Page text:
Updated: Mar 4
Today was quite an exciting day for the Edu-Pals, as we experienced a glimpse of China’s traditional dancing culture. The day began as usual; the Edu-Pals met at the office, and soon began to try on our traditional “hanfu” dress; a term used to describe traditional clothing first worn by the Han Chinese people thousands of years ago. After some minor adjustments, clothing swapping, and hair styling, we were ready to hit the streets of Shenzhen in our formal wear (and of course, to indulge in a few glamour-shots before reaching our destination). It was a very unique experience travelling in the metro wearing our traditional clothing; we even managed to attract some “admirers” along the way.
Once we arrived at the dance studio, we were offered some water and admired the large mirrored rooms and adorable decorations. Soon enough, it was time for us to get into formation. We began our lesson by following the movements of our dance instructor. She offered us three, equally challenging sets of movements. We practiced each set repeatedly, diversifying our approach by gathering into smaller groups before returning to the larger formation. We each received special individual attention from our amazing instructor, who eventually changed into a hanfu to match the rest of the class. Given that the majority of us had never had any formal dance training, we admittedly struggled to master all the movements. Despite this, we all had a blast in our feeble attempt to move like elegant Chinese dancers, and we successfully learned the full dance choreography by the end of our class. Some of us were nervous to watch the final video which Luka brilliantly recorded for us (like a good “dance-mom”) and luckily, our gorgeous hanfu managed to compensate for our lack of abilities.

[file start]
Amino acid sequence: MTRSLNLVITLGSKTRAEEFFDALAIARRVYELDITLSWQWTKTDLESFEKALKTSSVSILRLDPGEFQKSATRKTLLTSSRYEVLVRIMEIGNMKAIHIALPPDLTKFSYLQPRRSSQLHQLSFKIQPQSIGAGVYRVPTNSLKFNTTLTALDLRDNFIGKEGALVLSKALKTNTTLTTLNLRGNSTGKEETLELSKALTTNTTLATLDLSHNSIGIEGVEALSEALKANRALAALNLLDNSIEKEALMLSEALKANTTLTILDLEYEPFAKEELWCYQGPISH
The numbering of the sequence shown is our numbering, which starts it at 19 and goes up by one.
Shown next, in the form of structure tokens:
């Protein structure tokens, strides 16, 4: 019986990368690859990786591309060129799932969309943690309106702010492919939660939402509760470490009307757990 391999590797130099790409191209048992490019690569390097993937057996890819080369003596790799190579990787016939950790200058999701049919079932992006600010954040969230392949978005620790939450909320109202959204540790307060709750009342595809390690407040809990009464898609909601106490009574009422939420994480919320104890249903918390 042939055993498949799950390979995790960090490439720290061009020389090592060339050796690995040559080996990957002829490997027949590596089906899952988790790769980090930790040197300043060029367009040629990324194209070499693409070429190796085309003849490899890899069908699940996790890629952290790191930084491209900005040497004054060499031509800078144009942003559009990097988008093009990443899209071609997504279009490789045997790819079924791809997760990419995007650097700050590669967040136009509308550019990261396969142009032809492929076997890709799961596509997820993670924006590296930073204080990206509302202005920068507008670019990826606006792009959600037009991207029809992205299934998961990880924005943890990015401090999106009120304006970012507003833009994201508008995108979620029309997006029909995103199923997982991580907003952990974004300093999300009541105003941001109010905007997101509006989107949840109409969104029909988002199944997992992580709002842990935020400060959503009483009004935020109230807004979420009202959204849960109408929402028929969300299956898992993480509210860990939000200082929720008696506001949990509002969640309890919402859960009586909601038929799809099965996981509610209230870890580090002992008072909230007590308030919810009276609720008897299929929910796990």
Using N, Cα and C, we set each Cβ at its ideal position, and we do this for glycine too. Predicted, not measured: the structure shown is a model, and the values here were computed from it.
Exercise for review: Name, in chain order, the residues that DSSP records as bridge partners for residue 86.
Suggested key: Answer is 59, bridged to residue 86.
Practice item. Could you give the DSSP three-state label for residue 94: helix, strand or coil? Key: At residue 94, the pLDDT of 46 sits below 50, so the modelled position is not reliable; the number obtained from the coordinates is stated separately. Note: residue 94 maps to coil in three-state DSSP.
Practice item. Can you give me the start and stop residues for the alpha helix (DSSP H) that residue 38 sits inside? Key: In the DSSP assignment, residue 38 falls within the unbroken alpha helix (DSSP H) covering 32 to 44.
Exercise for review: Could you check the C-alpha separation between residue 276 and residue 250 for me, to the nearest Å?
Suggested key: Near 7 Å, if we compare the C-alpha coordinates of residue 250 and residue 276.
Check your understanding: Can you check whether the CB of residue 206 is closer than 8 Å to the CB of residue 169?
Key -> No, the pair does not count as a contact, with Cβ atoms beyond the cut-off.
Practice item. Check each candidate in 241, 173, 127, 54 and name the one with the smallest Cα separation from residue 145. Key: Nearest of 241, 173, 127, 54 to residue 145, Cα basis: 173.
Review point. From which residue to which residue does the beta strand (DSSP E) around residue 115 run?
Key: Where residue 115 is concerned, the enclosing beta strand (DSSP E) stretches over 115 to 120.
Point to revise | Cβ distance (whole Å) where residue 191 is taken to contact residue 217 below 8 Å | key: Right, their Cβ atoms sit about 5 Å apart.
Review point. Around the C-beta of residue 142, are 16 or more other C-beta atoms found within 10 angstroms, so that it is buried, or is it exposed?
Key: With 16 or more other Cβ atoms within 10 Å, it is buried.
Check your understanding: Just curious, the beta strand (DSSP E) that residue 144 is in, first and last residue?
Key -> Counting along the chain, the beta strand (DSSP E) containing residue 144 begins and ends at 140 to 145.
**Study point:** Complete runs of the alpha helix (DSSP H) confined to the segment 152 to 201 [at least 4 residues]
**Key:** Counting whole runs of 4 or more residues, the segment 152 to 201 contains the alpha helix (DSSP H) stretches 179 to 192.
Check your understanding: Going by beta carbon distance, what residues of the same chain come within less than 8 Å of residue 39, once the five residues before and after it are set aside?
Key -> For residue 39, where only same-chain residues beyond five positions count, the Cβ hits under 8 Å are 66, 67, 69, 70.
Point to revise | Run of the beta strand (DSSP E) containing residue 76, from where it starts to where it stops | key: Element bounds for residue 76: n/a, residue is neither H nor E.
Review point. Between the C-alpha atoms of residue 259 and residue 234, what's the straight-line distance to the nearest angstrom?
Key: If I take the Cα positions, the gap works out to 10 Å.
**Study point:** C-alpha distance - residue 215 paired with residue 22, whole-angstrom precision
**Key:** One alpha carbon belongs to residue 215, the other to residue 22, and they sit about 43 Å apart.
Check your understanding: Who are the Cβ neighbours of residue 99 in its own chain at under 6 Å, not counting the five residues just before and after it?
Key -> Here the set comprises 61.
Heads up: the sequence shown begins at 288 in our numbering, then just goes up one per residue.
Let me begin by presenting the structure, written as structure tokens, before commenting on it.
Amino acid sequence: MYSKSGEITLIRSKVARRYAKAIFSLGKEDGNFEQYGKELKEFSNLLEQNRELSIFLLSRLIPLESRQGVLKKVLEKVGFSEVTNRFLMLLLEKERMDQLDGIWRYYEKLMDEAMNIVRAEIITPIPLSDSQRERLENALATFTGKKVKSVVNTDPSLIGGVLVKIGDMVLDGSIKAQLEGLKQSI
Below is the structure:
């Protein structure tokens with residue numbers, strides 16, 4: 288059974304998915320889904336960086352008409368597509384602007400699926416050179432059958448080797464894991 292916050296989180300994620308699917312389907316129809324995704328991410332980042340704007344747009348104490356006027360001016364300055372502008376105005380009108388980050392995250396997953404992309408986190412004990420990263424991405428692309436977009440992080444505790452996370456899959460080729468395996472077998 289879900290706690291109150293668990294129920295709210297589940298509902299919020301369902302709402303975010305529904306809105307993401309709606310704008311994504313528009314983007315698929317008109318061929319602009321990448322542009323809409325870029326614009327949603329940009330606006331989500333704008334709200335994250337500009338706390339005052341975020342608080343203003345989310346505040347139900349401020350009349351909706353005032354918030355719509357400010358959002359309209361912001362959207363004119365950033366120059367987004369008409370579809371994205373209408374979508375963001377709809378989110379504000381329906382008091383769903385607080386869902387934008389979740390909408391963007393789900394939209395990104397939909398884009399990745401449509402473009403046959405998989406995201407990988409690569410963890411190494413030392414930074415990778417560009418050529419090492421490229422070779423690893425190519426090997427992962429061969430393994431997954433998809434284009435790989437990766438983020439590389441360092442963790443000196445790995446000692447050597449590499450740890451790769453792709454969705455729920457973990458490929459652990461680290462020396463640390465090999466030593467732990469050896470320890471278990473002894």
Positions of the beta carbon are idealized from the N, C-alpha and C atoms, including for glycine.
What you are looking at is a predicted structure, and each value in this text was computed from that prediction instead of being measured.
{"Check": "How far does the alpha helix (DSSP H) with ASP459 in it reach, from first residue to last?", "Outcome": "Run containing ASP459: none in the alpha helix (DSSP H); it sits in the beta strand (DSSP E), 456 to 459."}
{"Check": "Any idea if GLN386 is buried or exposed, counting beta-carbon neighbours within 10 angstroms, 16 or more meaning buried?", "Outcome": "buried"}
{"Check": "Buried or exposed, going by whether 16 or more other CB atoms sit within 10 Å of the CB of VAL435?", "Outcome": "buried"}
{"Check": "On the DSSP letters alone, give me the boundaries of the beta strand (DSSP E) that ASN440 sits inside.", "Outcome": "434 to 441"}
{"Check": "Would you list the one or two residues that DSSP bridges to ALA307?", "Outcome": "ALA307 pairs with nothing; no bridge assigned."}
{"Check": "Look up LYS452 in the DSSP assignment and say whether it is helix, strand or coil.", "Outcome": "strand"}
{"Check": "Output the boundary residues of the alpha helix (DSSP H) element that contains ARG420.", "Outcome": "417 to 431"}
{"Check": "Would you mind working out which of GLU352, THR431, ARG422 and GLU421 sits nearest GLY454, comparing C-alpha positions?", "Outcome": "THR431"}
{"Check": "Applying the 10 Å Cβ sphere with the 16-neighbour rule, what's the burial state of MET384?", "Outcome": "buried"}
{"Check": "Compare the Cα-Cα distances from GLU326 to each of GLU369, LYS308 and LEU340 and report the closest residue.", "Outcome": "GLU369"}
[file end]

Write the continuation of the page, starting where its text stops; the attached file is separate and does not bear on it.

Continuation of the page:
After our formal class was over, the dance instructor taught us some elegant poses, and skillfully organized us for a group photo-shoot. We followed her lead, and managed to make ourselves look elegant before saying goodbye to the lovely studio, and our equally lovely instructor. This will surely be an experience that the Edu-Pals will not soon forget. Although Chinese traditional dancing may not be an art obtainable in a single dance lesson, we are all extremely fortunate to be given the opportunity to learn some basic skills.
Watch the video of this event: